A textbook lesson on how NOT to treat customers.
Everyone knew that the Barnes & Noble nook (yes, they irritatingly spell it with an e.e. cummings-style lower case “n”) eReader would be popular. EPUB, eReader and native PDF support, memory expansion, Wi-Fi , the ability to share books among friends, the touch sensitive dual screen; all genuinely well thought out features that added to the buying frenzy, to say nothing of the claims of it being a “Kindle-killer” ( I think there’s some validity to that too, though I think it’s more of a spur to Amazon to improve their product than a death knell).
And, much like the Kindle in previous years, the delivery dates for a nook have been moving farther and farther away from the order dates. Originally claimed to be shipping on November 30 for everyone that pre ordered a unit, that date slowly advanced through December and on into January (current orders are supposedly shipping on January 11) creating, among other things, one hell of a secondary nook market on eBay.
All of which is fine, I suppose, and understandable with a new consumer electronic launch. What’s gotten more than a few customers pissed off, though, is the email that arrived in early purchasers’ inboxes yesterday.
You were smart to order your nook early for 2 reasons:
Reason 1 – You’ll be one of the first to have one. Your nook is shipping soon and we expect to have it to you by December 9th. As an added bonus, we’ve upgraded you to overnight shipping!
Reason 2 – To thank you for being one of the first proud nook owners, we’re giving you a $10 Barnes&Noble.com Online Gift Certificate.
Now personally, I don’t think it’s that big a deal that there are delays; I don’t think it means (like some conspiracy theorists do) that the nook will never ship, and I don’t think they should have to drop their pants to make it up to early adopters. But I do think they handled it pretty poorly, and wonder one thing: faced with a 10-day shipping delay to thousands of people that pre-ordered a nook, who’s the genius at B&N that not only decided to let them know about the delay on the day it was supposed to ship, but phrased the letter like they’d won the lottery? No explanation or apology, and you can only find information on their web site if you hit their eReading blog. Even there, you’ll find no mention of whether or not people original scheduled for shipment later in the month, but in time for Christmas, are going to be delayed by 10 days or not.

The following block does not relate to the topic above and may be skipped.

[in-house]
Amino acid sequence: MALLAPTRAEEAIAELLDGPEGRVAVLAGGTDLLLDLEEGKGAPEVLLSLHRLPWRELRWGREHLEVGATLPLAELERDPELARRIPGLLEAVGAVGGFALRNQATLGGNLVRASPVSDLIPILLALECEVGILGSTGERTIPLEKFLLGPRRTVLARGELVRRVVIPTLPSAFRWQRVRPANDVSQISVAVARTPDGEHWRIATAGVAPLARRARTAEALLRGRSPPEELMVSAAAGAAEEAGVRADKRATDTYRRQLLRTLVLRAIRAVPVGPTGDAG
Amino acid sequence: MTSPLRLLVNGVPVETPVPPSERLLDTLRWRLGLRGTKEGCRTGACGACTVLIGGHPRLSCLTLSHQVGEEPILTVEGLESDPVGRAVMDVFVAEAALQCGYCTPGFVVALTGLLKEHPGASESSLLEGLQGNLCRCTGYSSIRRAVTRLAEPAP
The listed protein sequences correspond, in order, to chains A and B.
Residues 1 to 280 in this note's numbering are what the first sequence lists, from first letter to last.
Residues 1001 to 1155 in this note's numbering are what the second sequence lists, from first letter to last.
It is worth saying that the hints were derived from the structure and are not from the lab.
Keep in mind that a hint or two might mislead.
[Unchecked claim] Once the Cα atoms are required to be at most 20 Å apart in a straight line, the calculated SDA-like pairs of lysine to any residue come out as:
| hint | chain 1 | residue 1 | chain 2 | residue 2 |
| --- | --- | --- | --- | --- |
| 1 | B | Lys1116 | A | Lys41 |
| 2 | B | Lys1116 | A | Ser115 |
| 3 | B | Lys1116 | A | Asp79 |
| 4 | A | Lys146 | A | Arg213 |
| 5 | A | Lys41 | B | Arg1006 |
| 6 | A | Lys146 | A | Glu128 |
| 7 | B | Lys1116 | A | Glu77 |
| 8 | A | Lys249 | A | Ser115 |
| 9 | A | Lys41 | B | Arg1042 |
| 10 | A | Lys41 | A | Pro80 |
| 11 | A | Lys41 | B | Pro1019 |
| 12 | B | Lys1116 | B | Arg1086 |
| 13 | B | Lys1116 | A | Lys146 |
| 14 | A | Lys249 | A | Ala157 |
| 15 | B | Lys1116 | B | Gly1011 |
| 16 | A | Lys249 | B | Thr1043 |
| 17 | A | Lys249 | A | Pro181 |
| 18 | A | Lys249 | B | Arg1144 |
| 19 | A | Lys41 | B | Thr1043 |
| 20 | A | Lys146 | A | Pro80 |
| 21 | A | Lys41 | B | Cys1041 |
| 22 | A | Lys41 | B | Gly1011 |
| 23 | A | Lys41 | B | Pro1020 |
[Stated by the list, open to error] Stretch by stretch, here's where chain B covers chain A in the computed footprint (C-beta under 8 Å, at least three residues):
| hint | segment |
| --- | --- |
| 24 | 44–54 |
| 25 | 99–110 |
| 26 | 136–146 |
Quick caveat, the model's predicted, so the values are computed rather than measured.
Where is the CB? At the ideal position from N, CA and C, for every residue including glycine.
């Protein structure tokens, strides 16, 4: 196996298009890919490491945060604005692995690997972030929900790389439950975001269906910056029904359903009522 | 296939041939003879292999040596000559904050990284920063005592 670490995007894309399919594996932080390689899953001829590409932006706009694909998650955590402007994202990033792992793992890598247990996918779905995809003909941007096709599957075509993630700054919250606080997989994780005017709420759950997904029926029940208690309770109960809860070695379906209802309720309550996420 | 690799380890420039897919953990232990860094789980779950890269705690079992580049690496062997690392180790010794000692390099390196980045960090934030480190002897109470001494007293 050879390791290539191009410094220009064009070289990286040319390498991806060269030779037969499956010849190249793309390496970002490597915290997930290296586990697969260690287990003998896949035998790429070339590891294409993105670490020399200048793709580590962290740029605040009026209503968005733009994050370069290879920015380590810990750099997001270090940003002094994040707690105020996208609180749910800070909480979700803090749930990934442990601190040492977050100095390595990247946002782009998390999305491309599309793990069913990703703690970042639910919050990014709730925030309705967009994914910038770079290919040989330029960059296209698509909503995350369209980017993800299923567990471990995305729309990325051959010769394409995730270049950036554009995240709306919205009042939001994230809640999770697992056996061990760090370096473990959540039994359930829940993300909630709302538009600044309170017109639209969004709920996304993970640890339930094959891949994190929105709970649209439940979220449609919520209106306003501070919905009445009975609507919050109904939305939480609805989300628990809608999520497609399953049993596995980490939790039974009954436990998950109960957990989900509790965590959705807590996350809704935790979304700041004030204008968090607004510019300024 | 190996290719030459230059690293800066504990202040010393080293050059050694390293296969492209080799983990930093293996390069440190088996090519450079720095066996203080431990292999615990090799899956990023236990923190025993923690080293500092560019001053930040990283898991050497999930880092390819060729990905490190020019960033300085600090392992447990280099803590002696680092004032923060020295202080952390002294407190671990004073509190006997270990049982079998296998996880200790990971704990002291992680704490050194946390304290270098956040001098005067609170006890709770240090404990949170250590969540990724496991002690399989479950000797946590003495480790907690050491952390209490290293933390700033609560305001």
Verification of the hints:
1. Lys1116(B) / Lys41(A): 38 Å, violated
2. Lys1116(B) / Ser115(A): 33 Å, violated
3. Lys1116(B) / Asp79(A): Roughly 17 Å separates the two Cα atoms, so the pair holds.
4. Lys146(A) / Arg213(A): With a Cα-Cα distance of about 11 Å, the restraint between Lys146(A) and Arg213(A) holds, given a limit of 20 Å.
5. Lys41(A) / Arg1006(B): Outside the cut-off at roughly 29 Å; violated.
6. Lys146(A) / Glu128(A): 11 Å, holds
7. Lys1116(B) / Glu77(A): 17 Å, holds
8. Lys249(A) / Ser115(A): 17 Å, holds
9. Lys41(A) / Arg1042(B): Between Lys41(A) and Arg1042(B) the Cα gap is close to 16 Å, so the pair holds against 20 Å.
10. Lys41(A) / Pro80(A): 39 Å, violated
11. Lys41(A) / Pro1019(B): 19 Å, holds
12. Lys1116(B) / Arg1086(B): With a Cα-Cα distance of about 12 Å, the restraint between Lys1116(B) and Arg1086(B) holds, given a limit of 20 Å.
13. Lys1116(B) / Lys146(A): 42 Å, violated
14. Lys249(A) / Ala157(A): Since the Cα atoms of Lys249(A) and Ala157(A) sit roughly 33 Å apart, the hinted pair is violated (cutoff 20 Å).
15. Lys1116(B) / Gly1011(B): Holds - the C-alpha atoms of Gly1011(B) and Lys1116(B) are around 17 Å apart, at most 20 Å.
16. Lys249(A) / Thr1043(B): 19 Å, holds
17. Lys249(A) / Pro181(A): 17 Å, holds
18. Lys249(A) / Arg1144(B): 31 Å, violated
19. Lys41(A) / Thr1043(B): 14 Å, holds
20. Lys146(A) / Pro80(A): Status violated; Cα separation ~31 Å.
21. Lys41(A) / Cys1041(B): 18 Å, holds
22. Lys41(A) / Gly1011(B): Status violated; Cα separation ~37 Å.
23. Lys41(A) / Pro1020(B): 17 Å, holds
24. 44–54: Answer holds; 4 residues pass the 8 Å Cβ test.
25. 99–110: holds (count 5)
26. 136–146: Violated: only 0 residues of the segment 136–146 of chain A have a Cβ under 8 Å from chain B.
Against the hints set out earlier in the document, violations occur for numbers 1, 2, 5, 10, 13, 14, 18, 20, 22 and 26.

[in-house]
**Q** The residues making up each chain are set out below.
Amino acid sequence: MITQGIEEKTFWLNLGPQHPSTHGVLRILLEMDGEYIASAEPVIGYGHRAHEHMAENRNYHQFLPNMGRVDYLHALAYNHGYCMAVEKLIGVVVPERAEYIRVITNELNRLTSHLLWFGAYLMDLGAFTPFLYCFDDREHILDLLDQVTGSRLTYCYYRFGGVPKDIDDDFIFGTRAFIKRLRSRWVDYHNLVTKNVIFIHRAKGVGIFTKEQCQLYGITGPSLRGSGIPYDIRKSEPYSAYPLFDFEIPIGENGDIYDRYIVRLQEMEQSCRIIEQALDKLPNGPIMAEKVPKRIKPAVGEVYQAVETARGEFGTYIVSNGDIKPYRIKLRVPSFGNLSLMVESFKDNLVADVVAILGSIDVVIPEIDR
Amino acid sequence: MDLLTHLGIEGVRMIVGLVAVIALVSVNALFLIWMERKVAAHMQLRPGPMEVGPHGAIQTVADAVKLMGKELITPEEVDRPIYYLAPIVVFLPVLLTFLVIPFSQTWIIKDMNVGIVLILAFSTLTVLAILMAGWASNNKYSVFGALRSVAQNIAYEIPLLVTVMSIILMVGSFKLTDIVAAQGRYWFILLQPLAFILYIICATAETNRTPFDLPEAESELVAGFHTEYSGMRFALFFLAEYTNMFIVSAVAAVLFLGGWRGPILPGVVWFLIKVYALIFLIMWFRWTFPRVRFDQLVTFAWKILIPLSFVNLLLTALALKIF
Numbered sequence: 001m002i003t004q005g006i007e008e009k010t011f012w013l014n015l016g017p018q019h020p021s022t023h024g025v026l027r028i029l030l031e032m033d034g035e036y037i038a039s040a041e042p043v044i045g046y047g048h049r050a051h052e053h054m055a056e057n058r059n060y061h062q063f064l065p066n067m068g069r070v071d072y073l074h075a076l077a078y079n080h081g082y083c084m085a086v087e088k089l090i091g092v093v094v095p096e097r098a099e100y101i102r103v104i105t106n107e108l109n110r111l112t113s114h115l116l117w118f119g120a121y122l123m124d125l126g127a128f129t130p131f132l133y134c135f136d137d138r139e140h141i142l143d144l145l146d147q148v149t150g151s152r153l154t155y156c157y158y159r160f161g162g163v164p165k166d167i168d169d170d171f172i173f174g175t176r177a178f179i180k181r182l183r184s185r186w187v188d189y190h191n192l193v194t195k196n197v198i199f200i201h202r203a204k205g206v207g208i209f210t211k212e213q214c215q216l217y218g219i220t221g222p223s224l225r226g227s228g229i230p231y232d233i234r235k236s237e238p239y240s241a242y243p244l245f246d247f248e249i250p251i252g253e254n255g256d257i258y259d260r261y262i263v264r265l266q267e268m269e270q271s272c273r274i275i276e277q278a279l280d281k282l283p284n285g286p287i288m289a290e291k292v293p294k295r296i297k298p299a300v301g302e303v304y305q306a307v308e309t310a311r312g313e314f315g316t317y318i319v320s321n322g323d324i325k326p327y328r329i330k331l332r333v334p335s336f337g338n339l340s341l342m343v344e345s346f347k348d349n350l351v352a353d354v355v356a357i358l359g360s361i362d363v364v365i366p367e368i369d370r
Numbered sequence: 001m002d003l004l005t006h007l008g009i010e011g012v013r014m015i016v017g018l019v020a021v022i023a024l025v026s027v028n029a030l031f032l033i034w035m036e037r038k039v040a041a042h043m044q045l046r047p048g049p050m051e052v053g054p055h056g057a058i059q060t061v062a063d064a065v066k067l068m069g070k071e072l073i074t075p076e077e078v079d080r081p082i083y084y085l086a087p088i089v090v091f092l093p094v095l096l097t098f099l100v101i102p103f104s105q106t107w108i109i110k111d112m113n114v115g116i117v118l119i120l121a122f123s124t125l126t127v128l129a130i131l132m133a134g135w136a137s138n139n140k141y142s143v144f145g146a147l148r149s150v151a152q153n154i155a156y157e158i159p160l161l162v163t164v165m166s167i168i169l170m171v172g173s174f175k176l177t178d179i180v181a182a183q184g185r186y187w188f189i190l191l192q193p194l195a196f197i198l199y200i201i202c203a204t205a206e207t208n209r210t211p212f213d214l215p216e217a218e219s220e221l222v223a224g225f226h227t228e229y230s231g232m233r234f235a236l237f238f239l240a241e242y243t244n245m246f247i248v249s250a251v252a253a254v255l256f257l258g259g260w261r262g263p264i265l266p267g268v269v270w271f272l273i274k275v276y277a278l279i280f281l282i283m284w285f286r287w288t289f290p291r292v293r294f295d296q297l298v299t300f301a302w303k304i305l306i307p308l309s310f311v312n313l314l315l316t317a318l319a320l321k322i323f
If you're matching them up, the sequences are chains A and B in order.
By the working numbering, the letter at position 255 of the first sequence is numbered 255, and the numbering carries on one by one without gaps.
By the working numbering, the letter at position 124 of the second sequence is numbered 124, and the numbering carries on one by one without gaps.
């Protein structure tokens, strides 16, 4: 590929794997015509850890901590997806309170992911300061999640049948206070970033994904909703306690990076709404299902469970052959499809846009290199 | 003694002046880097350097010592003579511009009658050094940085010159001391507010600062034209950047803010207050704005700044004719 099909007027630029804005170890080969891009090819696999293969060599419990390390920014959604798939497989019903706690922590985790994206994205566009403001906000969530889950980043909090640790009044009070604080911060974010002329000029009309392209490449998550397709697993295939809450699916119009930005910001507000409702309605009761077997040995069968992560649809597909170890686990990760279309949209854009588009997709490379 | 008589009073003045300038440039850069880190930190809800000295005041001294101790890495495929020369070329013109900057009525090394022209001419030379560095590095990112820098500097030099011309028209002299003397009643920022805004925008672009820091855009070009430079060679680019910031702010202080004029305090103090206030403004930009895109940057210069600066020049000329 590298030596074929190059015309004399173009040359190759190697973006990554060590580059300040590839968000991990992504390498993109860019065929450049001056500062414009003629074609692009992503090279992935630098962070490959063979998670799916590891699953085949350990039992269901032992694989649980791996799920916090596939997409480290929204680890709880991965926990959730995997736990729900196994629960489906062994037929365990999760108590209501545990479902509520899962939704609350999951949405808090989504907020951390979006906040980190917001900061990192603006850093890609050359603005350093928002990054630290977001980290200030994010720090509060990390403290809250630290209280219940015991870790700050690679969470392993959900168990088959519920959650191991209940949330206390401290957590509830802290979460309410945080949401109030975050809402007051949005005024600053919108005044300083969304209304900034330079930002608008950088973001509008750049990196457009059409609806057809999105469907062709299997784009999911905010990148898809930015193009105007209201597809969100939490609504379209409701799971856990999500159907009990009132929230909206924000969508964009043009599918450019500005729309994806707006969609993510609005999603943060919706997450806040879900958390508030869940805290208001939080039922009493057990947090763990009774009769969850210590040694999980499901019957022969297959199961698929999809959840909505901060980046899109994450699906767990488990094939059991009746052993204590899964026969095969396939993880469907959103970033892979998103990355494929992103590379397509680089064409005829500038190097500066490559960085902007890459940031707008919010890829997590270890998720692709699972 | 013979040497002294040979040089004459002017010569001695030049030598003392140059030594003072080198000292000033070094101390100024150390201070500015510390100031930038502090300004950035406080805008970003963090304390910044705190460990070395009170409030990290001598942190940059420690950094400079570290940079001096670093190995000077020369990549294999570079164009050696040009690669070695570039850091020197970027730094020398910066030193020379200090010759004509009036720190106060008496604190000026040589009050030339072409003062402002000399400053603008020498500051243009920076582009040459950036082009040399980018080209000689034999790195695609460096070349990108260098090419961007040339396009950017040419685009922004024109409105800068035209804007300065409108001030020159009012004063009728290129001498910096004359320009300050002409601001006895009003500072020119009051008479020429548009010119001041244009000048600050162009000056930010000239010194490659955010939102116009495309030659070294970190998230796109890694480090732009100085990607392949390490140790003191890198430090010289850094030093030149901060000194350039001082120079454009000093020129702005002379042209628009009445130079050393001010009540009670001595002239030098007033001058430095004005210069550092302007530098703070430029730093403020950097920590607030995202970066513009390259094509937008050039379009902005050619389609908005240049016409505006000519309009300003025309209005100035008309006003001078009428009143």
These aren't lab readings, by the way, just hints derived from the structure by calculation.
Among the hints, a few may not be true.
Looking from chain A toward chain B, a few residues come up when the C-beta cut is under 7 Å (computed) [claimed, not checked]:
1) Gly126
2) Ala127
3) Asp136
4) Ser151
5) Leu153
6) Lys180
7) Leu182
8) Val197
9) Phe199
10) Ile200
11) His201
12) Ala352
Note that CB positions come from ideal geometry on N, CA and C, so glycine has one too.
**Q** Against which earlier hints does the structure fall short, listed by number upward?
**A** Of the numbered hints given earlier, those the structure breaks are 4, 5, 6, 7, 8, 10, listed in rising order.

The end result for Barnes & Noble has been to take what up to this point has been good press, huge demand, and a fan base of people wanting some competition to the Kindle, and exchange it for a bunch of irritated early adopters and rumors of a disaster. Which can still be reversed, if someone in their PR department has the intelligence to simply post a clear explanation on their site. Something along these lines would do: “We’re sorry, but due to fill-in-the-blank, nook shipments originally scheduled for November 30 will be delayed until fill-in-the-blank. Shipments scheduled for later in the month will/ will not be delayed. Rest assured that we expect no further delays, and new purchases should ship on or about the estimated shipping date on the site.” Is that really so tough?
Two final thoughts on this whole saga: David Coursey at PC World published on online piece, just this morning, about how the nook is worth waiting for. Hmm – lucky Barnes & Noble vis-à-vis timing there, no? But better than that, and far more amusing, was yesterday afternoon, when you could hear a huge collective “oh shit” from the people that had sold their nooks (with a guarantee of a November 30th shipment) on eBay for upwards of $600 as they realized they wouldn’t be able to ship it to the buyer as promised, and would have to return the money they’d probably already spent on porn sites.